Mukti

Hungry times

Posted in development, disaster, economics, labour, macro by jrahman on June 27, 2020

For most people, macroeconomic indicators are gobbledegook — what does the difference between 5% and 8% GDP growth mean?  For most people, economic indicators that matter are the ones that animate dinner table conversations — jobs and incomes, and the cost of living.  In the advanced economies with higher quality data, it is jobs numbers that resonate most — one might not understand what GDP stands for, but it is very clear what a rise in the unemployment rate means if one’s neighbour has been laid off.

In developing economies with large informal sectors, however, quality employment numbers are hard to come by in real time.  Data on the prices of essentials — proverbial chaal, daal, tel, noon — are much more readily available, as are wage rates of different types of workers.  Mix those essentials and voila, there is a plate of khichuri.  Using the data on prices and wages, we can calculate the number of plates of khichuri an average worker could afford a day.

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Wonder years

Posted in action, Bangladesh, Drama, history, movies, sci-fi, thriller, TV by jrahman on November 10, 2017

Thirty years ago today, Dhaka was shut down as the opposition parties — all of them, Awami League, BNP, leftists, Jamaat — demanded the resignation of President HM Ershad.  There were meetings and rallies around the city, many turning violent.  A working class man in his mid-20s was killed around the General Post Office near Gulistan.  He had the words shoirachar nipat jak (down with autocracy) painted in his chest.  Written on his back was ganatantra mukti pak (free democracy).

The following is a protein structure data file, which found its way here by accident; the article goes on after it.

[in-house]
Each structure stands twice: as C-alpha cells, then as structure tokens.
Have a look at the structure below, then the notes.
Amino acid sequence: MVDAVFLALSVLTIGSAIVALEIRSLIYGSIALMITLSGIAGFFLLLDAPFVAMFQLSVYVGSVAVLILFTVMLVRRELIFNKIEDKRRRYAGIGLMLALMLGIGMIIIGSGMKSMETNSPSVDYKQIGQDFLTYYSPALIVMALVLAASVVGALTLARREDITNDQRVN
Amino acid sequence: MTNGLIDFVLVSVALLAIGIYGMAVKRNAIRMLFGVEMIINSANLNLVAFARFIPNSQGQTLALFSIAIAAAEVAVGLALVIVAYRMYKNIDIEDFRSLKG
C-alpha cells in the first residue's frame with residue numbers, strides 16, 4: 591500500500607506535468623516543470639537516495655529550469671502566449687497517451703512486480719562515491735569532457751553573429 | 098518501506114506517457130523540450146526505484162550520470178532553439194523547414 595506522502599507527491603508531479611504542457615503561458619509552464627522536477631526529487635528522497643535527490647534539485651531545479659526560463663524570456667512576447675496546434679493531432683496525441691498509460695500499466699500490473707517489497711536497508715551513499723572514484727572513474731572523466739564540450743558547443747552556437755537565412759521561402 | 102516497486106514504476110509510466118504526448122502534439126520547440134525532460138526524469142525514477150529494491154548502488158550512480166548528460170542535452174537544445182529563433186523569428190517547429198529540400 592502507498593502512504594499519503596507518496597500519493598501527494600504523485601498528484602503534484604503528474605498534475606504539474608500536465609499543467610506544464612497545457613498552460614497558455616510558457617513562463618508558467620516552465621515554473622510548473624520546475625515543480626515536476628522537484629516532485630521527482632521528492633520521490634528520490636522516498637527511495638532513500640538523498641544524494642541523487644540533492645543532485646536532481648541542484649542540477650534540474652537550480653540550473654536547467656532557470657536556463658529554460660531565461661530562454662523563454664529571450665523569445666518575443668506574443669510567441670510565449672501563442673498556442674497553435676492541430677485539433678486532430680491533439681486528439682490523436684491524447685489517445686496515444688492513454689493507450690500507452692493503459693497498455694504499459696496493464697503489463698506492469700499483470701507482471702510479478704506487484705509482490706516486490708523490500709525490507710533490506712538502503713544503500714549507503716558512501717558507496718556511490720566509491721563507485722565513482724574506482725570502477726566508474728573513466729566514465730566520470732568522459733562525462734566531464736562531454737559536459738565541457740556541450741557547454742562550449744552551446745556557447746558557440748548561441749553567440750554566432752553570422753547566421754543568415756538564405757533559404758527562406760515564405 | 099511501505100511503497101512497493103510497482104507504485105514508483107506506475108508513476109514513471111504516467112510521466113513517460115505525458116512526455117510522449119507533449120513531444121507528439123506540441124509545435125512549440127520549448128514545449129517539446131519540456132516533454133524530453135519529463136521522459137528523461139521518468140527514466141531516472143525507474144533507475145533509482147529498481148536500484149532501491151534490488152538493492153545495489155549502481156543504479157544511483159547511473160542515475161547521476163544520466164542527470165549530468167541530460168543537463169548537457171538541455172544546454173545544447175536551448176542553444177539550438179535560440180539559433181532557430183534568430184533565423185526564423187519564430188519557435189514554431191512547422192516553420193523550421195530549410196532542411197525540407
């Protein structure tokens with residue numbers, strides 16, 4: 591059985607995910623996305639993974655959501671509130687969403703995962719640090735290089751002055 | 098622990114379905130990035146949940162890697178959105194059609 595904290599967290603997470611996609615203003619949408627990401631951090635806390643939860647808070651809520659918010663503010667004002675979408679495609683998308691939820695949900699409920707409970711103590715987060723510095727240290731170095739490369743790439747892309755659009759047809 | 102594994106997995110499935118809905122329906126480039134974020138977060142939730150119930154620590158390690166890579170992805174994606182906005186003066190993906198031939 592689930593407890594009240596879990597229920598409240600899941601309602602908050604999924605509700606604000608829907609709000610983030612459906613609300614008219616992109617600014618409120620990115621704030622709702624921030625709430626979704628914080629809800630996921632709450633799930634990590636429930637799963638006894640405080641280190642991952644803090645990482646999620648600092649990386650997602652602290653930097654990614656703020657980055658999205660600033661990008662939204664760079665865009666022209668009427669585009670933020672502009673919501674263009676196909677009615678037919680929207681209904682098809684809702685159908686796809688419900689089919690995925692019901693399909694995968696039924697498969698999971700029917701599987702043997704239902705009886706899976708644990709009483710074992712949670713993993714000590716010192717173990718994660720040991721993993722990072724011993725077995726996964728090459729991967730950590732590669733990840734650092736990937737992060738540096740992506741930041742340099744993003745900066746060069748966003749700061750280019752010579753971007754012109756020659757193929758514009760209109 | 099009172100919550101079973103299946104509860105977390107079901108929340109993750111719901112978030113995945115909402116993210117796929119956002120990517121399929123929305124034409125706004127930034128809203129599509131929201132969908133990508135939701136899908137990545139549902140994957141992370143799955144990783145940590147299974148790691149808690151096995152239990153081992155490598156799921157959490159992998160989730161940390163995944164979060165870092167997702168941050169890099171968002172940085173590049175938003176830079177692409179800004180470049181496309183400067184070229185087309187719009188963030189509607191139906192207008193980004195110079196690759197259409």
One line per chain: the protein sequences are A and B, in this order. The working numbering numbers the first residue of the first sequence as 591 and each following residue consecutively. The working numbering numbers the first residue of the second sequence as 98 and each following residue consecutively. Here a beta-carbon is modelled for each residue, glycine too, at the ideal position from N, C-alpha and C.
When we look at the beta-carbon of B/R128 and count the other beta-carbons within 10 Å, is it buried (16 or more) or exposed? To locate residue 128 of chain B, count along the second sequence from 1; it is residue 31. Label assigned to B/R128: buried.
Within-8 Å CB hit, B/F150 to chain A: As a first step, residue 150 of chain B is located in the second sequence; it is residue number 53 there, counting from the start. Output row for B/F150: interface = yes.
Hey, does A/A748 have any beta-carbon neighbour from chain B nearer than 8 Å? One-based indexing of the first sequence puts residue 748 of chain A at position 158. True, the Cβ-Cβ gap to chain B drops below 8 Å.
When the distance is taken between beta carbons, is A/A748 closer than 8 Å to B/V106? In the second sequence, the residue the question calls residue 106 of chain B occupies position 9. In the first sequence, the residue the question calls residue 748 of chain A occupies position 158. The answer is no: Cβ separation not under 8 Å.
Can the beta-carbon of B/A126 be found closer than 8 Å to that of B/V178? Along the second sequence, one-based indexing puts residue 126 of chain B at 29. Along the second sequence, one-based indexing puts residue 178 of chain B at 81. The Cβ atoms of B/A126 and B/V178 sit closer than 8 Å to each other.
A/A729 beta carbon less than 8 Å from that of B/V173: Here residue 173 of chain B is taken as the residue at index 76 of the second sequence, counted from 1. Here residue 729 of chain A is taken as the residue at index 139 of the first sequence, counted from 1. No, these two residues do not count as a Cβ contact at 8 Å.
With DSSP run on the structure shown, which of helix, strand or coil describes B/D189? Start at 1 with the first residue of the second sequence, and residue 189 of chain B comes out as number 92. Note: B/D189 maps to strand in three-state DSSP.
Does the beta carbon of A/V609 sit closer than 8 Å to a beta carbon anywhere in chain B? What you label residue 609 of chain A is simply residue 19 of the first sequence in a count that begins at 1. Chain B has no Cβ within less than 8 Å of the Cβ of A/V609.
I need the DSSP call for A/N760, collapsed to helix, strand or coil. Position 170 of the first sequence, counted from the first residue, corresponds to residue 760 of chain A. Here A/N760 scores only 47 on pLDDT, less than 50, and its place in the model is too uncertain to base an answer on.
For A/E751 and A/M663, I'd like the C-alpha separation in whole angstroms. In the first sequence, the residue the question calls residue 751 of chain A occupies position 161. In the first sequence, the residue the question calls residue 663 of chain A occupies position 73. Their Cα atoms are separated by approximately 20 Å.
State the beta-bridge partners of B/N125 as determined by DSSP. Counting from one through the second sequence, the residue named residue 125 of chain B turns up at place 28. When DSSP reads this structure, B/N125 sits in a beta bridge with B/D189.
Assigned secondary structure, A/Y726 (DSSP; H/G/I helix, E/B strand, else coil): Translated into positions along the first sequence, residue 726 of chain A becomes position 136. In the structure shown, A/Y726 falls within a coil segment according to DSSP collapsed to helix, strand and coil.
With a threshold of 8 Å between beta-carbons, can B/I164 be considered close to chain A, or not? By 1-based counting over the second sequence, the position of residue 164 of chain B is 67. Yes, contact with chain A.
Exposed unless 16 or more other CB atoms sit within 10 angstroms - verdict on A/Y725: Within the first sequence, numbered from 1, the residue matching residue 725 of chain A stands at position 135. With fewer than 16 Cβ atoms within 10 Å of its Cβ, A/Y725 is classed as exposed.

Of course, there was no school that bright crispy early winter morning.  Our impromptu game of neighbourhood cricket was ended abruptly by an auntie whose window was smashed by a square cut, or perhaps it was a cover drive, or an overthrow — I don’t quite remember after all these years.  I do remember what happened next.  We rode our bikes.  We didn’t care about politics, but coming from a heavily politicised family, I knew enough to avoid going towards the city.  Instead, we gathered on the new road that was being built near our neighbourhood, and then hit the runway of the old airport.  I don’t think any of us had a watch, but even if we did, who checks the time when so much fun is being had!  Before we knew it, we were in the heart of the Cantonment, and it was around the time of the Asr prayer that we returned home.

I was reminded of the adventures of that day, and the parental wrath thus incurred, while bingeing on the latest episodes of Stranger Things.  I am told it’s not bingeing if I am watching only one season.  But I feel five hour-long episodes straight in a weeknight, starting after the day’s chores are done, counts as binge watching.  Bingeing or not, the second season of Stranger Things is even better than the first one.  And that’s quite a feat considering the hype.  Like everyone else, I had no idea about the first season before watching it, liking it instantly, even if it was, to use the show’s self-deprecation, a bit derivative.  I feared disappointment with the new season, fears that proved unjustified.  This must be how it would have felt to watch Godfather 2 or The Empire Strikes Back back then, unfiltered by the accumulated weight of pop culture now-memory.

Now-memory?  From the show.  This post will have spoilers.  Read at own risk.

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Choosing Politics, Choosing Democracy

Posted in democracy, politics by mehomaan on January 8, 2014

(Guest post by Tacit, a previous version posted at Rumi Ahmed’s).

In the days of yore, when men were men, and giants strode the earth, there used to be a website. It was called unheardvoice. It was, for a while, very good. Then it stopped being as good. Then it disappeared. So it was with great interest that I recently read a newspaper column by Asif Saleh, one of the founders of unhearvoice.

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